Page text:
Everything Happens for a Reason

So it was the morning that I was to set out from Monson to begin Soutbounding for the first time after Northbounding the 100 Mile Wilderness. All I had to do was drive up to Greenville to get a few groceries and some fuel for my stove and I was good to hit the trail. By the time John (my trail angel and at this point good friend) ate breakfast and ran those errands it was practically 11am. I  had been saying all morning that as long as I hit the trail by noon I’m good. Because the shelter that I had to hike to was far enough in that I didn’t want to get too late of a start and have to do more than 2 hours of night hiking to get there. I night hike in the morning before sun up and in the evening after sundown every day but more than two hours of it can just drain on you. So there I am at the trailhead all ready to set out. The only thing I had to do was put my merino wool gloves on. Only there was a problem. I couldn’t find the left one. I dumped my entire pack looking for it. It looked like my backpack puked an explosion of gear in his already messy Ford F-150 4 door truck. I was pissed at myself and at the situation. I needed to hit the trail right then basically. Any deviation of this place basically meant I was sticking around another day. We called back to his house and asked Kim to see if she could find the glove. It turns out it fell on the ground in the basement after I pulled my clothes out of the dryer. What an idiot. What am I a rookie? Gear accountability, Marine.

So by the time we get back to his house I am just in a shitty mood. It was too late to make it too my destination at this point. The anxiety I felt as a hiker ready to start the mission, to get on the trail, to put my boots on the ground, to get walking, it was coursing through the boiling blood in my veins. I was ready to hike. I literally felt a pit in my stomach just disappointed in myself that I could have avoided this by doing a more thorough gear check before leaving the house.

But then the freezing rain started and it continued all day. But then something else happened. I started feeling sick to my stomach. I was wondering if the anxiety made that happen? And I don’t really get anxiety often. Or ever really. This is not a common thing for me. But my stomach pain worsened through the day and into the evening. I began to feel nauseous, weak, and achy all over. I was basically fighting puking. I couldn’t fight it for long. I hadn’t eaten since breakfast and it was now almost 8pm. I finally couldn’t take it anymore. I staggered out of the worthless position that I was in on the couch and made my way to the bathroom like a pathetic fool. I put my finger down the chute and pulled the trigger unleashing several rounds of gut wrenching hell upon the porcelain. And thank God I did, I needed it. My entire breakfast came out. But I had another problem. I immediately felt a bout of explosive diarrhea comin’on. That’s right folks. The ole poop and puke had hit me. I don’t know if it was bad water, or bad food, or what. But it was all happening. All at once. I hope you’re not attempting to enjoy any food at this time while reading this. If you are my apologies but this is the raw uncut nature of my journey.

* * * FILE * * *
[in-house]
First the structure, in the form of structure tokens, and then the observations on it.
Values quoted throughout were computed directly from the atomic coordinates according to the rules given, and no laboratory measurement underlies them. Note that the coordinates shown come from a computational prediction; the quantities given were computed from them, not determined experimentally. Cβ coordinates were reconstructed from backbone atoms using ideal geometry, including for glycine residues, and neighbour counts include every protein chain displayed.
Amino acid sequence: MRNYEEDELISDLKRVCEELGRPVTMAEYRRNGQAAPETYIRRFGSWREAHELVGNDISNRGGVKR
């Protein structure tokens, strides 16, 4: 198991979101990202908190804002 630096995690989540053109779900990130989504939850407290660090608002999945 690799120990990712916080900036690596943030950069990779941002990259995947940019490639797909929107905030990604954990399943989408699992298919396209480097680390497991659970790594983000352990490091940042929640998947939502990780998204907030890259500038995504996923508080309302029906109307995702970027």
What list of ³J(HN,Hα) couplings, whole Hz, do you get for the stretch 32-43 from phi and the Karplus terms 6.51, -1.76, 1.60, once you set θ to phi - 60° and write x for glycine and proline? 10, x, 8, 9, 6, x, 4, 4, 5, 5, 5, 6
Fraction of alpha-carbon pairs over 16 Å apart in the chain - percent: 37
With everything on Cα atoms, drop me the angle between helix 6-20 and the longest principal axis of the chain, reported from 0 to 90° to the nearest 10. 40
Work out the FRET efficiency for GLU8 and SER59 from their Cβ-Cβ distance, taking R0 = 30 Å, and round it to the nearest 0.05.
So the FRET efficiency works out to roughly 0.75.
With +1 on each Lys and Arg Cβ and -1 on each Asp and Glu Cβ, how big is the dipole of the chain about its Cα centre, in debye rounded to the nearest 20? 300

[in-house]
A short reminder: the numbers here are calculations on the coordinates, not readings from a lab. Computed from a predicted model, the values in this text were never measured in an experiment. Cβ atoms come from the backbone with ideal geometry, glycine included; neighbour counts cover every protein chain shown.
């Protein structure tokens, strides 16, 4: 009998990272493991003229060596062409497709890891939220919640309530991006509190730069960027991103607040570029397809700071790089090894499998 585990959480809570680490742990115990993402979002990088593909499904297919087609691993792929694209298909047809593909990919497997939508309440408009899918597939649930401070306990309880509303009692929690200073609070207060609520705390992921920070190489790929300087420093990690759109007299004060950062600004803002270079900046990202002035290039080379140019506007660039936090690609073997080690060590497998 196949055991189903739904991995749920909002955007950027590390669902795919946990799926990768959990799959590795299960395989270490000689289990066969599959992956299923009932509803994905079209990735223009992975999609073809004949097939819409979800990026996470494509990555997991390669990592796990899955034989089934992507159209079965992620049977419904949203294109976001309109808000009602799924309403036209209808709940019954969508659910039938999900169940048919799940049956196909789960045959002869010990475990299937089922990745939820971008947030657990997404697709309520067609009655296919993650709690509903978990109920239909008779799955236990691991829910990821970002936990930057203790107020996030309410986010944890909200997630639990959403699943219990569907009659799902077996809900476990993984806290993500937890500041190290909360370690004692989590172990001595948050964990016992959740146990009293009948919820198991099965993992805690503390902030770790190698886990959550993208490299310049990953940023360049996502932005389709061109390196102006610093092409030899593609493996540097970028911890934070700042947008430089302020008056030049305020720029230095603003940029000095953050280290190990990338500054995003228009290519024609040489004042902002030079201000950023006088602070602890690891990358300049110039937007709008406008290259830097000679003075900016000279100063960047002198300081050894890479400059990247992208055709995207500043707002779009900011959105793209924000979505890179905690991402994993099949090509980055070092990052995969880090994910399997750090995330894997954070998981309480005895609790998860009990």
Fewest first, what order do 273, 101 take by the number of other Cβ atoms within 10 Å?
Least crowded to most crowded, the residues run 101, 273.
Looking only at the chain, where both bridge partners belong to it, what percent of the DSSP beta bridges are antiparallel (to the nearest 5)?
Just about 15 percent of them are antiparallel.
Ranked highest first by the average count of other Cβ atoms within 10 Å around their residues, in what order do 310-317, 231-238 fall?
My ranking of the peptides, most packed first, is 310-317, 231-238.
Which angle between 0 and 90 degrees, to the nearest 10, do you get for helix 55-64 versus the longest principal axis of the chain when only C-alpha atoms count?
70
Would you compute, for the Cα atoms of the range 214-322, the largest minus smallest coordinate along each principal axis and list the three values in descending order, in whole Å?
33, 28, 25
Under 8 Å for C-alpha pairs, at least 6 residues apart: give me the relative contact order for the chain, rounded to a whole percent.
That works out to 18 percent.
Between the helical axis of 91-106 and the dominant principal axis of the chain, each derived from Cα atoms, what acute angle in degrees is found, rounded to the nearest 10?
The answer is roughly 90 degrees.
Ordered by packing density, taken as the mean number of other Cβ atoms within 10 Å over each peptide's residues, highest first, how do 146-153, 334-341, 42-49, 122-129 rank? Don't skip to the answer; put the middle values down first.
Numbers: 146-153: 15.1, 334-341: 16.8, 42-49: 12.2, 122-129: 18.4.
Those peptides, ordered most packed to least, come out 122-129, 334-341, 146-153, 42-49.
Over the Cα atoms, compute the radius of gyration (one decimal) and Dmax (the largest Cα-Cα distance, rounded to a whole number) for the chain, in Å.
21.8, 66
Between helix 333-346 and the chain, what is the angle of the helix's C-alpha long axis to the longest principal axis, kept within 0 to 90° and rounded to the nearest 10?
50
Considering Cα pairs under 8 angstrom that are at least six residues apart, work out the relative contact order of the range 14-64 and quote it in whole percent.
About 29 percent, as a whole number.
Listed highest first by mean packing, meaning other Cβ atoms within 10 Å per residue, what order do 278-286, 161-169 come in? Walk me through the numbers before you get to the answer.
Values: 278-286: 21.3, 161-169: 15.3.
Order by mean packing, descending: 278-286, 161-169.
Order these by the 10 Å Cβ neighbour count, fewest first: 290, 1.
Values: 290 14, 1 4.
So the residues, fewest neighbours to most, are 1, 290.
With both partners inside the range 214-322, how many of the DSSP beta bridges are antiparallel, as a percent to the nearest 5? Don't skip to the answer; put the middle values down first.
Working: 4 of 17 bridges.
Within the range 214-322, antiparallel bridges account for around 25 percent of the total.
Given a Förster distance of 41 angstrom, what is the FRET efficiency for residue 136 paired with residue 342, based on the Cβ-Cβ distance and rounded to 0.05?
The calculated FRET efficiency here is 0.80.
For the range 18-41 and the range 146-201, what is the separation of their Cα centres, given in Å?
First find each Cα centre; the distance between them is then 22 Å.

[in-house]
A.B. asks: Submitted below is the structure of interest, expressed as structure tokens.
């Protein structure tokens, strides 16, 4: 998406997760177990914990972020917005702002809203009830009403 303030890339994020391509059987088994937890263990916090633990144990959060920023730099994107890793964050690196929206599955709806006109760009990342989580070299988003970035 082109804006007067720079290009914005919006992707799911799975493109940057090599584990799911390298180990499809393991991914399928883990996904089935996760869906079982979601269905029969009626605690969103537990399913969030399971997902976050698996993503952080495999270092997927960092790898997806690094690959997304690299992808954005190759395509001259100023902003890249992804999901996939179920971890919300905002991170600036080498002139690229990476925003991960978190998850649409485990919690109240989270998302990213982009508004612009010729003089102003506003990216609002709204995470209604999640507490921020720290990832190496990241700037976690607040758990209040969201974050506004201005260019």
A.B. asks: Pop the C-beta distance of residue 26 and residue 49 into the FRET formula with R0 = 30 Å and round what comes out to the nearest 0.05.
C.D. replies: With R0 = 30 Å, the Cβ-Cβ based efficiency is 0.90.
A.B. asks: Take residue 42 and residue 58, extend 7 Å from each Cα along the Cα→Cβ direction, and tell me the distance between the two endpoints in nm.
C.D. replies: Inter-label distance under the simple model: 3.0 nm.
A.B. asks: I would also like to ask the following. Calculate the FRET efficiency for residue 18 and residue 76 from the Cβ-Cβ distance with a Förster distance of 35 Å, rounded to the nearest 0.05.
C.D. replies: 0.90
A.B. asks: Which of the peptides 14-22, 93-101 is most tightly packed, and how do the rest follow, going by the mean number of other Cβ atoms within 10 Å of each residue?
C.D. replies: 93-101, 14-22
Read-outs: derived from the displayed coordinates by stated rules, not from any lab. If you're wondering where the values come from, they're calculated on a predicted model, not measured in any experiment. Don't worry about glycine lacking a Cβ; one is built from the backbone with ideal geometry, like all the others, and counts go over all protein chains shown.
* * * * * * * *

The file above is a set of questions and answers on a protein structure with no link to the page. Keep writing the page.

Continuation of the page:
Meanwhile, the weather turned from dangerous freezing rain into several inches of heavy snow. I am just thinking to myself how awful it would be to be this sick somewhere on the trail fighting through this weather. Dehydrated and weak. It could be downright lethal. I was so thankful to have a toilet and warm dry conditions to be fighting through this illness. And a couple people who gave a crap about my well being enough to go pick up a couple of antibiotic prescriptions I had called in (Flagyl and Cipro) as well as pick me up some Pedialyte and Gatorades (3 of each) so that I could spend the next day recouping and getting back on the trail as soon as possible. And that’s exactly what I did. The entire next day was spent re-hydrating and trying to put some calories back in my body while the snow continued to fall outside.

What if I had had my glove that day I was trying to hit the trail initially? Where might I be and what condition would I be in? Everything truly does happen for a reason. All because I forgot one silly little glove. A glove that may have saved my life for all I know.

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7 thoughts on “Everything Happens for a Reason

  1. Yea, I was eating my breakfast while I read this!!! Good thing I have a strong stomach and stuff like that doesn’t bother me! You’re right, EVERYTHING happens for a reason. Stay safe and don’t force things that aren’t working the way YOU think they should; there may be a reason why!

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